[1] Haveloc, vv. 377-9, Anglo-Norman text (manuscript P) from Burgess & Brook (2015), English translation (modified) from Burgess & Brook (2016). Haveloc was written by an unknown author in Lincolnshire, England, probably between 1190 and 1220. This lai survives in two manuscripts denoted P and H. They are P: Cologny-Genève, Bibliotheca Bodmeriana, Codex Bodmer 82; and H: London, College of Arms, Arundel XIV. Burgess & Brook (2015) provides a critical edition of both P and H and a verse-by-verse English translation of H. Burgess & Brook (2016) offers a prose translation of P. For an earlier edition of P that’s freely available online, Bell (1925). For an earlier, freely available text of H with English translation, Hardy (1888).

The political scheme that engulfed Argentille and Haveloc involved familial betrayal. King Edelsi promised his neighboring brother-in-law King Achebit to protect his daughter Argentille after his death and to have her married to the strongest man in the land. King Achebit subsequently died. King Edelsi then arranged for Princess Argentille to marry the kitchen scullion Haveloc, the physically strongest man in the land. By that deliberate misinterpretation of his promise, King Edelsi appropriated the kingdom that Argentille inherited from her father. The marriage of Argentille and Haveloc, who went by the name Cuarant as a kitchen scullion, was arranged without the consent of either.

An earlier Anglo-Norman verse account of Argentille and Haveloc exists within Geoffrey Gaimar’s History of the English {Estoire des Engleis}. Gaimar wrote Estoire des Engleis in the 1130s in Lincolnshire for Constance, wife of Ralf Fitzgilbert. She was much more privileged than almost all medieval men. For a critical edition and English translation of Estoire des Engleis, Short (2009). For an earlier, freely available edition, Hardy (1888). Burgess & Brook (2015), Appendix II, provides an English translation of Gaimar’s Haveloc.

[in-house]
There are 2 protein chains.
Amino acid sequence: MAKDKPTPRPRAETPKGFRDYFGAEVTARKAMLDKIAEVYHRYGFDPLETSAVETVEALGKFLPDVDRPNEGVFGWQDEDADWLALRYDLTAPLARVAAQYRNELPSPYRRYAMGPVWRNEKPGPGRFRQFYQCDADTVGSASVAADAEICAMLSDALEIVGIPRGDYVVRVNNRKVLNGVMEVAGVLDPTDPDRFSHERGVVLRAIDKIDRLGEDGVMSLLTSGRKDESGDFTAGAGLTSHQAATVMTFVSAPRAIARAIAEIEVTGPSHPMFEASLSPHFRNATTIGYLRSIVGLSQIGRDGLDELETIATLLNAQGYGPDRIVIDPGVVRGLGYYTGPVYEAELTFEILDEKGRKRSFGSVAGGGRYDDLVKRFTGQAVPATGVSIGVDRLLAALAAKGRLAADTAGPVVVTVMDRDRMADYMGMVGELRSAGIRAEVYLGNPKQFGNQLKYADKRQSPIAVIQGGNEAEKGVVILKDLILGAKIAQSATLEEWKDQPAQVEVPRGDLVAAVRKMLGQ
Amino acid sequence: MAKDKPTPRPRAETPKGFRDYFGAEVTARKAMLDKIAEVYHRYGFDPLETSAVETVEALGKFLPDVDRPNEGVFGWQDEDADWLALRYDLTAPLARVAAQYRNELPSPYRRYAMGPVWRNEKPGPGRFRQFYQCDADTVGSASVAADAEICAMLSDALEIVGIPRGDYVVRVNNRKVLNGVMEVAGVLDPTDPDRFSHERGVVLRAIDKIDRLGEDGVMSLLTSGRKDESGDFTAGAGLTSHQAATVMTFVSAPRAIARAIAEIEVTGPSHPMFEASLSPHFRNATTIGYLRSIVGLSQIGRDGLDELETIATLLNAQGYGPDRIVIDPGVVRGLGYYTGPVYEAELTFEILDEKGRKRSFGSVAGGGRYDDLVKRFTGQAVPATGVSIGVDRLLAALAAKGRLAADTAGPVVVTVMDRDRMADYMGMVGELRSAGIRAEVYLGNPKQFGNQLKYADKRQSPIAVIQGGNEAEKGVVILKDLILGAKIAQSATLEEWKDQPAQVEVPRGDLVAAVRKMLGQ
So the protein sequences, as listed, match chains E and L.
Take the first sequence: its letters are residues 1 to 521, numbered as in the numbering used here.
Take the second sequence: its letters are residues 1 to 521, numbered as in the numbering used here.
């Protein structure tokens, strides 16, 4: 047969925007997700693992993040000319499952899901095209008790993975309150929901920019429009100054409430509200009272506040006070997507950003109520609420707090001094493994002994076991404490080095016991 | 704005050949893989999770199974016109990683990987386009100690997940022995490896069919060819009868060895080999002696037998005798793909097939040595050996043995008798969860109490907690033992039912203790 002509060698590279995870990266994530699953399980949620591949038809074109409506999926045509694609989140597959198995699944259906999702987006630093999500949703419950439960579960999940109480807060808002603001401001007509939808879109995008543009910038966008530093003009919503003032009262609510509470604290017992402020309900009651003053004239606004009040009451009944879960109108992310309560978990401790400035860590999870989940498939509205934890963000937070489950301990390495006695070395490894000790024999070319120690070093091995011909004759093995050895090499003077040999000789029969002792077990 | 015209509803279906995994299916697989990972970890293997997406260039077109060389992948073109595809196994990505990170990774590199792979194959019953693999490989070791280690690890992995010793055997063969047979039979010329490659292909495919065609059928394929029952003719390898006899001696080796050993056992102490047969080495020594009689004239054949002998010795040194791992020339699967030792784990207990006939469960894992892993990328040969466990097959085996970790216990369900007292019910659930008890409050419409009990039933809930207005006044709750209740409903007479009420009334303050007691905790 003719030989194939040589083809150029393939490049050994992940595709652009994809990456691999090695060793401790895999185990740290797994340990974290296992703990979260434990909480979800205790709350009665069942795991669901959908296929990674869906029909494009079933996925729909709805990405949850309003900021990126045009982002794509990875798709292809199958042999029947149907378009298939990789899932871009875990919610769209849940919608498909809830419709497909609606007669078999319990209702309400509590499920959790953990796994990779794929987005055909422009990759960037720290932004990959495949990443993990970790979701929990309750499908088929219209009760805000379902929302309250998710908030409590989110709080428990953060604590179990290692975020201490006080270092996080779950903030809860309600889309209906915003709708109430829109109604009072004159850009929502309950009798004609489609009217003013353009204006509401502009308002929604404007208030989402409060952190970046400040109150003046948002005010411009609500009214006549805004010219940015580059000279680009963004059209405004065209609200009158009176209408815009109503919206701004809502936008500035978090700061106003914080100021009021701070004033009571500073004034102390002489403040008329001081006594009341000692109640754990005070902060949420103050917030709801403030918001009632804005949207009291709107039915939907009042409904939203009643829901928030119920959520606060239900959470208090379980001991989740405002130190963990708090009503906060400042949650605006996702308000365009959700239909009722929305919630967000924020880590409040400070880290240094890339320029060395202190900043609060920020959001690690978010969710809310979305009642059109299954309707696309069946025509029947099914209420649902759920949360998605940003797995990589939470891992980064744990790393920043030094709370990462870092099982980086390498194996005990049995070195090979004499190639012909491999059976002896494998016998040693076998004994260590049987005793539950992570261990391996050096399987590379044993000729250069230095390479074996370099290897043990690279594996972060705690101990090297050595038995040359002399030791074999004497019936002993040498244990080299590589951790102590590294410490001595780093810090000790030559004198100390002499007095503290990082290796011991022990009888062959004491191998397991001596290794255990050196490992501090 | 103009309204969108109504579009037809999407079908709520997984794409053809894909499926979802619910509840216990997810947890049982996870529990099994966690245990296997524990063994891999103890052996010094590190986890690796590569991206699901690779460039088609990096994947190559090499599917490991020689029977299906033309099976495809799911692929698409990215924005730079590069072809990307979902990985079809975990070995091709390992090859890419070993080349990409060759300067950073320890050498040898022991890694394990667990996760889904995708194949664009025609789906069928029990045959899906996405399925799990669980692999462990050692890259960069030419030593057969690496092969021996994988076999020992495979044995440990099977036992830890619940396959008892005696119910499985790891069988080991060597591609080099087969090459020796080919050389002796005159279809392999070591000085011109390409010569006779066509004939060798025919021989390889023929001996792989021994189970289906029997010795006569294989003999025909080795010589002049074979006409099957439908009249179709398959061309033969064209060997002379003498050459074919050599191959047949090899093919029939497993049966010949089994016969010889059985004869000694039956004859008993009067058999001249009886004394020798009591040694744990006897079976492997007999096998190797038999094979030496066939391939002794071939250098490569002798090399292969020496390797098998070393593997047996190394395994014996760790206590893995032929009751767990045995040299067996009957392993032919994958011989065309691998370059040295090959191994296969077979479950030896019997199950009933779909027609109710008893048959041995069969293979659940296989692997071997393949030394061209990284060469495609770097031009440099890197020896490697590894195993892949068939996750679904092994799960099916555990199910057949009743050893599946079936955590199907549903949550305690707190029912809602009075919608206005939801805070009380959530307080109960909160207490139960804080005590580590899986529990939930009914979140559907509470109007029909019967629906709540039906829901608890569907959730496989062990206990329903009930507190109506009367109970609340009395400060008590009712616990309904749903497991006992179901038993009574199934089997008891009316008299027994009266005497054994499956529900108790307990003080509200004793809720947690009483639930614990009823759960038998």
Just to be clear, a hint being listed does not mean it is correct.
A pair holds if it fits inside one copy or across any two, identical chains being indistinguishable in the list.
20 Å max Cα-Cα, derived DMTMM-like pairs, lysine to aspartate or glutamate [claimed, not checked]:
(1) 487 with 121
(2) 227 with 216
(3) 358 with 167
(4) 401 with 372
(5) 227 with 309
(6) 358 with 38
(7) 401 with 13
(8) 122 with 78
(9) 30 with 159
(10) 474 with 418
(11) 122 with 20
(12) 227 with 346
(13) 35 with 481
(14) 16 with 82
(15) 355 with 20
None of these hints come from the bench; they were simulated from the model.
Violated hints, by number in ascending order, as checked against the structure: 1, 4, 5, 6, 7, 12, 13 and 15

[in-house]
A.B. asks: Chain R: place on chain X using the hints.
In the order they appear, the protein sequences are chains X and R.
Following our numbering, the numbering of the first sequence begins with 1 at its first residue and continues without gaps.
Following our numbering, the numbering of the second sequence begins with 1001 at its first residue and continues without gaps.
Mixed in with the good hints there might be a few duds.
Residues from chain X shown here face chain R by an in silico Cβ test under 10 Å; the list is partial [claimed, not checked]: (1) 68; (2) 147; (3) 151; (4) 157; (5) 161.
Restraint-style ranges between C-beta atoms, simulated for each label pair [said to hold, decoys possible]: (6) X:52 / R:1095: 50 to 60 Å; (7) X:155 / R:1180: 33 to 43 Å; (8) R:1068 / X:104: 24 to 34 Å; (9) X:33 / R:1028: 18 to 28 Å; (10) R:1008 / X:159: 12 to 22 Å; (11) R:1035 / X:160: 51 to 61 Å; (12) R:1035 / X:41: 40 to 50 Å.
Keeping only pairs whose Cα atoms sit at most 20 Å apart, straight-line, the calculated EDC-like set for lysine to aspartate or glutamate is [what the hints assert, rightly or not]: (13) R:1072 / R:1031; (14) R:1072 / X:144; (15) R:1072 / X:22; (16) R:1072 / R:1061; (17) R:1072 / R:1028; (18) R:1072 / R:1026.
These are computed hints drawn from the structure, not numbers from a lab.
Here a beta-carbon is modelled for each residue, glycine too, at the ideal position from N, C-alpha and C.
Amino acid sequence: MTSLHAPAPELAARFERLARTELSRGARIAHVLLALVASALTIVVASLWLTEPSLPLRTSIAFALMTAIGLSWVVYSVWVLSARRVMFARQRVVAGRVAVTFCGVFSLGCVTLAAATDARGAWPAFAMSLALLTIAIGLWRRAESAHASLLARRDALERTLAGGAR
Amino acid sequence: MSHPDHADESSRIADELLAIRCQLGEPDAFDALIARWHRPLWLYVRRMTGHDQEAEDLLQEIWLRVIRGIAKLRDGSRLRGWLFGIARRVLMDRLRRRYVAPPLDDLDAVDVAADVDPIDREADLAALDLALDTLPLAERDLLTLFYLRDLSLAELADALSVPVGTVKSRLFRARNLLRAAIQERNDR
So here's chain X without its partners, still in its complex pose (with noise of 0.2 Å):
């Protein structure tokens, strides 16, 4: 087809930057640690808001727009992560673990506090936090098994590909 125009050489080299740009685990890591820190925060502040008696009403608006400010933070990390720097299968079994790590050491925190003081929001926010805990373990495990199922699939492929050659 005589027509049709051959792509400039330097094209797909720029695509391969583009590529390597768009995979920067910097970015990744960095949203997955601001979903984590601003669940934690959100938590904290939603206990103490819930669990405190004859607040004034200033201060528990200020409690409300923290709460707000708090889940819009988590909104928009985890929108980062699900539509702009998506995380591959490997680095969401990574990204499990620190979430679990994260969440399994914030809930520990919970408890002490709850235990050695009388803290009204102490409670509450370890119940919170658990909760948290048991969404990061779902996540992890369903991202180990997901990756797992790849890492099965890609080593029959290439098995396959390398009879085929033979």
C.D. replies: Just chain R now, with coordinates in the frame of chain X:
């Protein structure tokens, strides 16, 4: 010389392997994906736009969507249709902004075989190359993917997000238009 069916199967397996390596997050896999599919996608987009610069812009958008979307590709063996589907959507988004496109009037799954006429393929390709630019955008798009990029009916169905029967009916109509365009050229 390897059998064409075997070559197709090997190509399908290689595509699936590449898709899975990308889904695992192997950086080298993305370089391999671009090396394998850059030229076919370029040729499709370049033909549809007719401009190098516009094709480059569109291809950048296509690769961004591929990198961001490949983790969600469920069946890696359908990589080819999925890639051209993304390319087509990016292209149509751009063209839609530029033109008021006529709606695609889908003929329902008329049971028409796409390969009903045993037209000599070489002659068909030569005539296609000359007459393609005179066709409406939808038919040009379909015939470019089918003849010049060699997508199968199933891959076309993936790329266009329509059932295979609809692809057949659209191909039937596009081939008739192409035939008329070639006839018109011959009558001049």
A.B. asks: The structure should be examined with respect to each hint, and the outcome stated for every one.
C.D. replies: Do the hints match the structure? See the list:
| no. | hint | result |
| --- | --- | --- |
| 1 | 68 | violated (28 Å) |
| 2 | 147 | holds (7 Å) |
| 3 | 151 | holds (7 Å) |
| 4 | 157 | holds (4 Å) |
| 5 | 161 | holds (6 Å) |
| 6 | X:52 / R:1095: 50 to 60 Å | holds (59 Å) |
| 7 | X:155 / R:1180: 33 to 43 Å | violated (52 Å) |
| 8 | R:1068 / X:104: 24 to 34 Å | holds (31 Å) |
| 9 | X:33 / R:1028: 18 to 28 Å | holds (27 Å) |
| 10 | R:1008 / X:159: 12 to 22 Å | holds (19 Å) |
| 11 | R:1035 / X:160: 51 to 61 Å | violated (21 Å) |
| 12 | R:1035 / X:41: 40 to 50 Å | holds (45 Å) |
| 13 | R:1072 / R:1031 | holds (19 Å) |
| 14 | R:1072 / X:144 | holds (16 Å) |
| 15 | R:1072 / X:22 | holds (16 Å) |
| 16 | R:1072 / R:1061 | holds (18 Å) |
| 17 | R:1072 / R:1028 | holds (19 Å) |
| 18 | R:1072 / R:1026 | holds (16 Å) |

The story of Haveloc was written in Middle English as a romance between 1295 and 1310. Called Havelok the Dane, it depicts Haveloc as an ideal king from the perspective of laborers and peasants. Staines (1976), which compares Havelok the Dane to Gaimar’s Haveloc and the lai Haveloc. In Havelok the Dane, the character of Argentille is named Goldeboru. For a glossed Middle English text, Herzman, Drake & Salisbury (1999). Here’s a modern English translation of Havelok the Dane.

Burgess & Brook (2015) provides the most comprehensive coverage of medieval accounts concerning Haveloc. It provides text and English translations for many short versions:

The foregoing short versions of the Havelok story, five in French, eight in English and five in Latin, are mainly found in chronicles of the history of England. They testify to the widespread awareness and popularity of the legend in the later Middle Ages and into the sixteenth and seventeenth centuries, particularly in the East-Anglian region. But these chroniclers did not just record a good story. They were interested in the political and social history of England, and for the most part they clearly regarded Havelok as an important figure in the chain of royal successions in both England and Denmark.

Burgess & Brook (2015) p. 207. Fahnestock (1915) provides some detailed textual comparisons among long versions. Weiss called Havelok the Dane “the most literary treatment.” Weiss (1969) p. 247. Havelok the Dane is the most conventional literary treatment. On Haveloc’s development into a conventional man-hero in the literary history of the story, Staines (1976). For a more nuanced perspective, Couch (2008). With respect to Argentille and Haveloc’s marital relationship, the Anglo-Norman lai Haveloc is far more critically perceptive and sophisticated than the Middle English Havelok the Dane.

Subsequent quotes above are similarly sourced from Haveloc (manuscript P) verses 383-9 (But later they became so trusting…), 531-4 (She returned to her husband…), 579-82 (She summoned her husband…), 970-6 (Argentille advised him…), 1035-45 (The combat between the sides was fierce…), 1046-54 (Because of a ruse that she promised would work…).